2020 United States presidential election in South Carolina

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2020 United States presidential election in South Carolina

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The 2020 United States presidential election in South Carolina is scheduled to take place on Tuesday, November 3, 2020, as part of the 2020 United States elections in which all 50 states plus the District of Columbia will participate.[1] South Carolina voters will choose electors to represent them in the Electoral College via a popular vote. The state of South Carolina has 9 electoral votes in the Electoral College.[2]

As of January 2019, Donald Trump is the declared Republican candidate, and state representatives of the Republican party have indicated interest in suspending the Republican primary process in the state to favor him, which the state previously did for George W. Bush in 2004.[3][4] Former South Carolina governor Nikki Haley is considered to be a potential primary opponent for Trump, although as of January 2019 she has endorsed his candidacy and declined to run against him.[5][6][7][8] Mark Sanford, also a former South Carolina governor, and a Republican similarly declined.[9][10]

A number of Democrats are running or have expressed interest in running, and Elizabeth Warren, Kamala Harris, and Bernie Sanders are among the major declared candidates.[11][12][13] Additionally, Kirsten Gillibrand has formed an exploratory committee.[14]

Polling[edit]

with Donald Trump and Joe Biden
Poll source Date(s)
administered
Sample
size
Margin
of error
Donald
Trump (R)
Joe
Biden (D)
Undecided
Emerson College Feb 28 – Mar 2, 2019 755 ± 3.5% 52% 48%
with Donald Trump and Cory Booker
Poll source Date(s)
administered
Sample
size
Margin
of error
Donald
Trump (R)
Cory
Booker (D)
Undecided
Emerson College Feb 28 – Mar 2, 2019 755 ± 3.5% 54% 46%
with Donald Trump and Kamala Harris
Poll source Date(s)
administered
Sample
size
Margin
of error
Donald
Trump (R)
Kamala
Harris (D)
Undecided
Emerson College Feb 28 – Mar 2, 2019 755 ± 3.5% 56% 44%
with Donald Trump and Amy Klobuchar
Poll source Date(s)
administered
Sample
size
Margin
of error
Donald
Trump (R)
Amy
Klobuchar (D)
Undecided
Emerson College Feb 28 – Mar 2, 2019 755 ± 3.5% 56% 44%
with Donald Trump and Beto O'Rourke
Poll source Date(s)
administered
Sample
size
Margin
of error
Donald
Trump (R)
Beto
O'Rourke (D)
Undecided
Emerson College Feb 28 – Mar 2, 2019 755 ± 3.5% 56% 44%
with Donald Trump and Bernie Sanders
Poll source Date(s)
administered
Sample
size
Margin
of error
Donald
Trump (R)
Bernie
Sanders (D)
Undecided
Emerson College Feb 28 – Mar 2, 2019 755 ± 3.5% 54% 46%
with Donald Trump, Bernie Sanders, and Howard Schultz
Poll source Date(s)
administered
Sample
size
Margin
of error
Donald
Trump (R)
Bernie
Sanders (D)
Howard
Schultz (I)
Undecided
Emerson College Feb 28 – Mar 2, 2019 755 ± 3.5% 51% 42% 7%
with Donald Trump and Elizabeth Warren
Poll source Date(s)
administered
Sample
size
Margin
of error
Donald
Trump (R)
Elizabeth
Warren (D)
Undecided
Emerson College Feb 28 – Mar 2, 2019 755 ± 3.5% 54% 46%
with Donald Trump, Elizabeth Warren, and Howard Schultz
Poll source Date(s)
administered
Sample
size
Margin
of error
Donald
Trump (R)
Elizabeth
Warren (D)
Howard
Schultz (I)
Undecided
Emerson College Feb 28 – Mar 2, 2019 755 ± 3.5% 53% 41% 7%
Hypothetical polling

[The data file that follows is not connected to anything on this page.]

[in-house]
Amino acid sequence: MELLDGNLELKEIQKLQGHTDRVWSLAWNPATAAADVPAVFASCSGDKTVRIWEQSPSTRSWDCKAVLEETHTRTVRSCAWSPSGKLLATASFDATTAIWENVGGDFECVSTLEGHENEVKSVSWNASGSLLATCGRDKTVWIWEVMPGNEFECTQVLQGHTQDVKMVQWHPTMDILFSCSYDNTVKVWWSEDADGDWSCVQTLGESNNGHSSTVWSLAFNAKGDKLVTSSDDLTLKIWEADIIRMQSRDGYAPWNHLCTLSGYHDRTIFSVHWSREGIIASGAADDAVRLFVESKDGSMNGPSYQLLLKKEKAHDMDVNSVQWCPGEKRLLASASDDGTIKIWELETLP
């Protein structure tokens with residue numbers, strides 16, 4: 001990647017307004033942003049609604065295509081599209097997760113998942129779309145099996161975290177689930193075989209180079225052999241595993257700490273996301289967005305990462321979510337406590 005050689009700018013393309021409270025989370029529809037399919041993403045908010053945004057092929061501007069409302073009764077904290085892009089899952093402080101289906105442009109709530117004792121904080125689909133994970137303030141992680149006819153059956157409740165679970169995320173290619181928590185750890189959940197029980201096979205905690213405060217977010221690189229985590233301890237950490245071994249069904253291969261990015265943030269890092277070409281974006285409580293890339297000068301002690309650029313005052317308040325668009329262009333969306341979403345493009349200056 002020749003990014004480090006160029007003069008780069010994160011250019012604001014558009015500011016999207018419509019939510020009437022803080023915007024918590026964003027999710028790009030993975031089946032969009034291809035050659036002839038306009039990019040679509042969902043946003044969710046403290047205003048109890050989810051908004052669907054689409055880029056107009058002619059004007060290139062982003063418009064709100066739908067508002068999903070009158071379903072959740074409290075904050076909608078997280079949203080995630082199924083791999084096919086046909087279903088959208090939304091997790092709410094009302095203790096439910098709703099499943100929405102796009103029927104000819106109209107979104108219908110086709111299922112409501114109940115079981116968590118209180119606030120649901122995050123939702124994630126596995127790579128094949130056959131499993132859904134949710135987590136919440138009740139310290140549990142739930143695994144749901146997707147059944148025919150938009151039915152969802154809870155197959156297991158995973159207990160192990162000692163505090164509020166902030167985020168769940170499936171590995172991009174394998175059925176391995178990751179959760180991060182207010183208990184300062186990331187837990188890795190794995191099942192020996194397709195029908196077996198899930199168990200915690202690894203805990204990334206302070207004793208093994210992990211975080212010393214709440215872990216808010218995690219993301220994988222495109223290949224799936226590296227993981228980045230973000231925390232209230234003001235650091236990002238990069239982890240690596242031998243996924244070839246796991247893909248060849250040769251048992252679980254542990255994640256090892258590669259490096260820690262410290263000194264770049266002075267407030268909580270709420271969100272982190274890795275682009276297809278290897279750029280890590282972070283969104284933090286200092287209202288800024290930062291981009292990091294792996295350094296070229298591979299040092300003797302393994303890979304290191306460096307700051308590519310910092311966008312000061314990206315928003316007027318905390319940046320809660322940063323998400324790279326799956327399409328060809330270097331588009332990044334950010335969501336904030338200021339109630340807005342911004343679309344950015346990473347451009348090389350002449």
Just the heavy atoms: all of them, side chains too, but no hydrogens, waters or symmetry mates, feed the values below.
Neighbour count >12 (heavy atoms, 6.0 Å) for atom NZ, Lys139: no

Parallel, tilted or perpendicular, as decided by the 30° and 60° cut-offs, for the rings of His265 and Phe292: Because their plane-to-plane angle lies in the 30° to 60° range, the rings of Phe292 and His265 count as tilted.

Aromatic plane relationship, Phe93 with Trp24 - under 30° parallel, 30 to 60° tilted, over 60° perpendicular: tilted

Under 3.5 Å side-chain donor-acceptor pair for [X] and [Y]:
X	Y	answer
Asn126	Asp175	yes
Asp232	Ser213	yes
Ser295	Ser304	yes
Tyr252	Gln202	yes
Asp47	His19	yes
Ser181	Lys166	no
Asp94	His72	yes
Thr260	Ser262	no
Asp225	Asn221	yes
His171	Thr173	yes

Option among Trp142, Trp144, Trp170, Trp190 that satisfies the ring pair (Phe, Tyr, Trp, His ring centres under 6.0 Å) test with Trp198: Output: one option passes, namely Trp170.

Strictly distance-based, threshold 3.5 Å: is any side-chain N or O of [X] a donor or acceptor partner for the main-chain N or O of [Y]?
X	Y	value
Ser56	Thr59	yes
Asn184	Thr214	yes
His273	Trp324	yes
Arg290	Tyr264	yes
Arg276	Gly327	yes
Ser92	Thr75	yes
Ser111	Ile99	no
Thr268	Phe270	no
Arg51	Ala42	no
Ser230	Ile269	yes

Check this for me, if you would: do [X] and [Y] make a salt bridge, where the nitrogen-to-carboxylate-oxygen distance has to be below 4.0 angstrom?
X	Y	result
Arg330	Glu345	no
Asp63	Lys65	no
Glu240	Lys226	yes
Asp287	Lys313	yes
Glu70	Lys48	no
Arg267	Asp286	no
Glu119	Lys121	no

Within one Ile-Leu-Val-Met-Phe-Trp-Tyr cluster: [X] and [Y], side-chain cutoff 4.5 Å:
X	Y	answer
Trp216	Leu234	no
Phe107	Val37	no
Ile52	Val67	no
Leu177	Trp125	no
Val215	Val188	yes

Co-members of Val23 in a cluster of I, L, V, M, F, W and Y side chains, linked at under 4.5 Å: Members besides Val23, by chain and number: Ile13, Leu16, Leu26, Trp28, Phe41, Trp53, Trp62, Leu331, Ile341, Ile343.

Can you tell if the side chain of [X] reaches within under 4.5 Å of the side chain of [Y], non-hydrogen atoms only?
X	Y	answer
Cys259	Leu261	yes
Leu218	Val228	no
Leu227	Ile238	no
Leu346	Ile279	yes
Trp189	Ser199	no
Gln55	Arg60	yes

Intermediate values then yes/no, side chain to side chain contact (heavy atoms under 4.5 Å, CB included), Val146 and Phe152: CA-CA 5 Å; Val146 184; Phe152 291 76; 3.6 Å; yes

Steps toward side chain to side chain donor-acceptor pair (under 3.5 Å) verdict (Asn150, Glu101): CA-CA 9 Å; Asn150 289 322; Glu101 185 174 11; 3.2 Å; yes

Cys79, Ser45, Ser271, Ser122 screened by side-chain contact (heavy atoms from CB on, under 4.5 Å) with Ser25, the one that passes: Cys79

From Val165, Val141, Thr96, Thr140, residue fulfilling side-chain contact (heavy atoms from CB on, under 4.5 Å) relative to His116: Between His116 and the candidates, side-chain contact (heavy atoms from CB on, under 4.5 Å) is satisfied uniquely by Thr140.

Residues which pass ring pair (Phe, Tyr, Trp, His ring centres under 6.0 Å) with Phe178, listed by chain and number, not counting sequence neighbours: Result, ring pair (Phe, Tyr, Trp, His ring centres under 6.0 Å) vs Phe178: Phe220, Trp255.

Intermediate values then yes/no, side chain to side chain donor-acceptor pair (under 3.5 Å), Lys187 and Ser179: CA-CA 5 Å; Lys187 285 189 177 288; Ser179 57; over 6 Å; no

with Donald Trump, generic Democrat, and Howard Schultz
Poll source Date(s)
administered
Sample
size
Margin
of error
Donald
Trump (R)
Generic
Democrat
Howard
Schultz (I)
Undecided
WPA Intelligence (R)[A] Mar 11–13, 2019 500 ± 4.4% 46% 34% 3% 17%

See also[edit]

References[edit]

  1. ^ Kelly, Ben (August 13, 2018). "US elections key dates: When are the 2018 midterms and the 2020 presidential campaign?". The Independent. Retrieved January 3, 2019.
  2. ^ "Distribution of Electoral Votes". National Archives and Records Administration. Retrieved January 3, 2019.
  3. ^ Kilgore, Ed (January 2, 2019). "Republicans Could Cancel Primaries to Protect Trump From a Challenge". New York. Retrieved January 3, 2019.
  4. ^ Buck, Rebecca (December 19, 2018). "South Carolina GOP could forgo 2020 presidential primary in support of Trump". CNN. Retrieved January 3, 2019.
  5. ^ Bailey, Isaac (19 October 2018). "Nikki Haley Is the GOP's Best Chance to Win in 2020". Politico Magazine. Retrieved January 3, 2018.
  6. ^ Chira, Susan (April 14, 2017). "Is This the Way a Woman Will Reach the White House?". The New York Times. Retrieved May 10, 2017.
  7. ^ Schleifer, Theodore (April 13, 2017). "Haley says Trump doesn't limit her foreign policy bullhorn". CNN. Retrieved April 13, 2017.
  8. ^ Strassner, Elizabeth (November 23, 2016). "Could Nikki Haley Still Run For President In 2020? Joining Donald Trump's Cabinet Doesn't Rule Out Challenging Him". Bustle. Retrieved March 5, 2017.
  9. ^ Byrd, Caitlin (June 13, 2018). "Mark Sanford returns to Congress, warning Republicans his loss is 'a wake-up call'". The Post and Courier. Retrieved June 14, 2018.
  10. ^ "Sanford on prospect of 2020 White House run". CNN. April 23, 2017. Retrieved February 14, 2018.
  11. ^ Taylor, Kate (9 February 2019). "Elizabeth Warren Formally Announces 2020 Presidential Bid in Lawrence, Mass". The New York Times. Retrieved 10 February 2019.
  12. ^ Zhou, Li (21 January 2019). "Kamala Harris announces her historic 2020 presidential campaign". Vox. Retrieved 10 February 2019.
  13. ^ Detrow, Scott (1 February 2019). "Cory Booker Makes It Official: He's Running For President In 2020". NPR. Retrieved 10 February 2019.
  14. ^ Herndon, Astead W.; Burns, Alexander (December 31, 2018). "Elizabeth Warren Announces Iowa Trip as She Starts Running for President in 2020". The New York Times. Retrieved January 3, 2019.


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